(Date:6/25/2016)... ... June 25, 2016 , ... "With 30 hand-drawn hand gesture ... said Christina Austin - CEO of Pixel Film Studios. , ProHand Cartoon’s package ... Final Cut Pro X . Simply select a ProHand generator and drag it ...
(Date:6/25/2016)... ... June 25, 2016 , ... As a lifelong Southern Californian, Dr. ... his M.D from the David Geffen School of Medicine at UCLA. He trained in ... to complete his fellowship in hematology/oncology at the UCLA-Olive View-Cedars Sinai program where he ...
(Date:6/25/2016)... ... ... On Friday, June 10, Van Mitchell, Secretary of the Maryland Department of Health ... of their exemplary accomplishments in worksite health promotion. , The Wellness at Work Awards ... at the BWI Marriott in Linthicum Heights. iHire was one of 42 businesses to ...
(Date:6/24/2016)... ... June 24, 2016 , ... A recent article published June ... with. The article goes on to state that individuals are now more comfortable seeking ... common operations such as calf and cheek reduction. The Los Angeles area medical group, ...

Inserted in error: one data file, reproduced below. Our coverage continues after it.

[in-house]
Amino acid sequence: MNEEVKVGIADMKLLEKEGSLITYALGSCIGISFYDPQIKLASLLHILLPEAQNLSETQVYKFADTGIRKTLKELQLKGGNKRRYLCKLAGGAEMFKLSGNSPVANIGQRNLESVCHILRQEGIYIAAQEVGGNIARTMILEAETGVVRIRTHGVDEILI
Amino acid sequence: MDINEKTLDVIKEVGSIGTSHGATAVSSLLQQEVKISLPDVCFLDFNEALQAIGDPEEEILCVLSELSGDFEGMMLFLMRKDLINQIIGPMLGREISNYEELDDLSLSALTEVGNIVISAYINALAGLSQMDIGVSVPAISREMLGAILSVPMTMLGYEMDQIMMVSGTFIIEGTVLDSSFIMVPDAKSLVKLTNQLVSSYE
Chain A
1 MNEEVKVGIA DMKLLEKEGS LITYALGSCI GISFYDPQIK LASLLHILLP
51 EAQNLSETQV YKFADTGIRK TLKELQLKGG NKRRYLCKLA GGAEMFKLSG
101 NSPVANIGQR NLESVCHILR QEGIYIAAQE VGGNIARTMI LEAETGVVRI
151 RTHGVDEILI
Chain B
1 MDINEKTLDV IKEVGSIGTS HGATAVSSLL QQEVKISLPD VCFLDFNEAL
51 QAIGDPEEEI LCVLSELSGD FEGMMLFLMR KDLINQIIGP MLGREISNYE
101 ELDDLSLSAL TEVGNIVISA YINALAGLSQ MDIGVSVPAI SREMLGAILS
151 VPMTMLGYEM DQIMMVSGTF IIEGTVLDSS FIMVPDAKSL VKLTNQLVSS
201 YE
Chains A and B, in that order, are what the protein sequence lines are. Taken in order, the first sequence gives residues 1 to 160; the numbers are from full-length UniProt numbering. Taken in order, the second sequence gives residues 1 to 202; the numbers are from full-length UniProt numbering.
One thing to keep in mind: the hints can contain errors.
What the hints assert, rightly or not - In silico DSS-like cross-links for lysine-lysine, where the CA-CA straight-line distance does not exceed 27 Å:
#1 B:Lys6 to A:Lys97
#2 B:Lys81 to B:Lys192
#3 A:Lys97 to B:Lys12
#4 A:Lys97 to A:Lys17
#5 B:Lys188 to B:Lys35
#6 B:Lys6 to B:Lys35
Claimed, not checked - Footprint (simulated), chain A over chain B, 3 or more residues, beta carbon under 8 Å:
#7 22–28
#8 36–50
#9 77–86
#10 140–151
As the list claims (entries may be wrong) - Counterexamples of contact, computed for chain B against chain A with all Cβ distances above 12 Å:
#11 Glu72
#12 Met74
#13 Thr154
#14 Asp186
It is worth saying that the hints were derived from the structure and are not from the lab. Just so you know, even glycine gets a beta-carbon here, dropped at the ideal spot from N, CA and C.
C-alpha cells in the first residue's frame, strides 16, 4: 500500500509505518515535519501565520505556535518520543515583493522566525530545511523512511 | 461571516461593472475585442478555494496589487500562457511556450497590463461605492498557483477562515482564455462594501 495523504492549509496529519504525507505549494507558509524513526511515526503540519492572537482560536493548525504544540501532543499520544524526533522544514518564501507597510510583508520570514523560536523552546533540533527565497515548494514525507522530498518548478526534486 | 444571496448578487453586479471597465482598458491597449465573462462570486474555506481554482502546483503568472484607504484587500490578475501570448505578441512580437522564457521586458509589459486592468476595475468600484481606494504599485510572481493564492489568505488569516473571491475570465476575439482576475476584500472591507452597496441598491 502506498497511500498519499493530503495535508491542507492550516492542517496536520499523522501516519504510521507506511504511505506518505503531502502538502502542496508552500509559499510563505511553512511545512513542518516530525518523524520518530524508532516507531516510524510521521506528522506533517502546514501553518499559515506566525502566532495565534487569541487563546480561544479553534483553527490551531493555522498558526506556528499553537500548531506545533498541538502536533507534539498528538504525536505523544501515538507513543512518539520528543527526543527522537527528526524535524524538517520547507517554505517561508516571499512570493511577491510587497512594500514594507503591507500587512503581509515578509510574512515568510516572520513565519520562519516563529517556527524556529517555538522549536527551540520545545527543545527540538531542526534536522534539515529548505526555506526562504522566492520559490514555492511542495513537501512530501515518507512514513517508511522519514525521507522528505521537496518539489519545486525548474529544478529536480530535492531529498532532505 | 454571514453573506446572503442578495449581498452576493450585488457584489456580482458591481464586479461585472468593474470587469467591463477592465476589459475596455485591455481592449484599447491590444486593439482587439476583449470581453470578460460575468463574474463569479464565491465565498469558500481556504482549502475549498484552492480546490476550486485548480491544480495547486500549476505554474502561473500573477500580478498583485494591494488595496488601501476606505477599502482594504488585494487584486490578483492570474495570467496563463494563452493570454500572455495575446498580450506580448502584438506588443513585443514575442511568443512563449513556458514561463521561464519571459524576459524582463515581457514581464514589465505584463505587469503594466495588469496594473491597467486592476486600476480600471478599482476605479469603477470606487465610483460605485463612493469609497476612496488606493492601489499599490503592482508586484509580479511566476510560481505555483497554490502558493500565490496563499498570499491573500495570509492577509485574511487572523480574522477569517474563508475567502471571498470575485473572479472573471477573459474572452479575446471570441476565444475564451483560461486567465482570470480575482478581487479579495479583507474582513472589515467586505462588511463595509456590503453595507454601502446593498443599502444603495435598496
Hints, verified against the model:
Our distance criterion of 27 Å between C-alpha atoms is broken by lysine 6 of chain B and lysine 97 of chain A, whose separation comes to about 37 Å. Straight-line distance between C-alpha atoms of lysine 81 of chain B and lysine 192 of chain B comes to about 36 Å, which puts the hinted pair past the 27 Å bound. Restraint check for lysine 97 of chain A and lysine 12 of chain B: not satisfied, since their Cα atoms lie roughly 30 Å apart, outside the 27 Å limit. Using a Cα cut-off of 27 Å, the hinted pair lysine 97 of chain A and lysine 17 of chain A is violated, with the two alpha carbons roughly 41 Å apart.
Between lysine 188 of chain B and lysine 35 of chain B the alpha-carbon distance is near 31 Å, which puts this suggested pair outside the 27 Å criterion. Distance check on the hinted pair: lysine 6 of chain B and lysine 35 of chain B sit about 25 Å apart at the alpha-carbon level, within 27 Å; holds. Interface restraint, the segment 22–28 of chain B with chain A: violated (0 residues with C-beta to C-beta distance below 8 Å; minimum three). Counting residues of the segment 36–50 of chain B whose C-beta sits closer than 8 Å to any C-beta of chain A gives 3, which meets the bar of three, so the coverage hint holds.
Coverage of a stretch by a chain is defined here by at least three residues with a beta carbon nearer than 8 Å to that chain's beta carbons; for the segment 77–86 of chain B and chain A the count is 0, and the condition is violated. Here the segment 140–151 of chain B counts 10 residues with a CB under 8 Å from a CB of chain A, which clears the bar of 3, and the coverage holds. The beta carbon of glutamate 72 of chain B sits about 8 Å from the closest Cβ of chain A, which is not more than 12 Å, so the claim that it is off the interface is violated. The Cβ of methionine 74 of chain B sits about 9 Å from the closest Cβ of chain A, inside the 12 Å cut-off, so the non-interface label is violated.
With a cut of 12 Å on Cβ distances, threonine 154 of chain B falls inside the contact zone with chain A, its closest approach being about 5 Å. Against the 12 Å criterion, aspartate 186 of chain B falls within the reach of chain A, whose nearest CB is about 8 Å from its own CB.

Breaking Medicine News(10 mins):
(Date:6/23/2016)... DUBLIN , June 23, 2016 ... the "Pharmaceutical Excipients Market by Type (Organic Chemical ... Preservative), Formulation (Oral, Topical, Coating, Parenteral) - Global Forecast ... The global pharmaceutical excipients ... 2021 at a CAGR of 6.1% in the forecast ...
(Date:6/23/2016)... 23, 2016 Capricor Therapeutics, ... a biotechnology company focused on the discovery, development ... patient enrollment in its ongoing randomized HOPE-Duchenne clinical ... 50% of its 24-patient target. Capricor expects the ... quarter of 2016, and to report top line ...
(Date:6/23/2016)... INDIANAPOLIS , June 23, 2016 /PRNewswire/ ... Diabetes Tomorrow,s Leaders Scholarship is any indication, the future ... today online at www.diabetesscholars.org by the Diabetes ... stand in the way of academic and community service ... scholarship program since 2012, and continues to advocate for ...
Breaking Medicine Technology: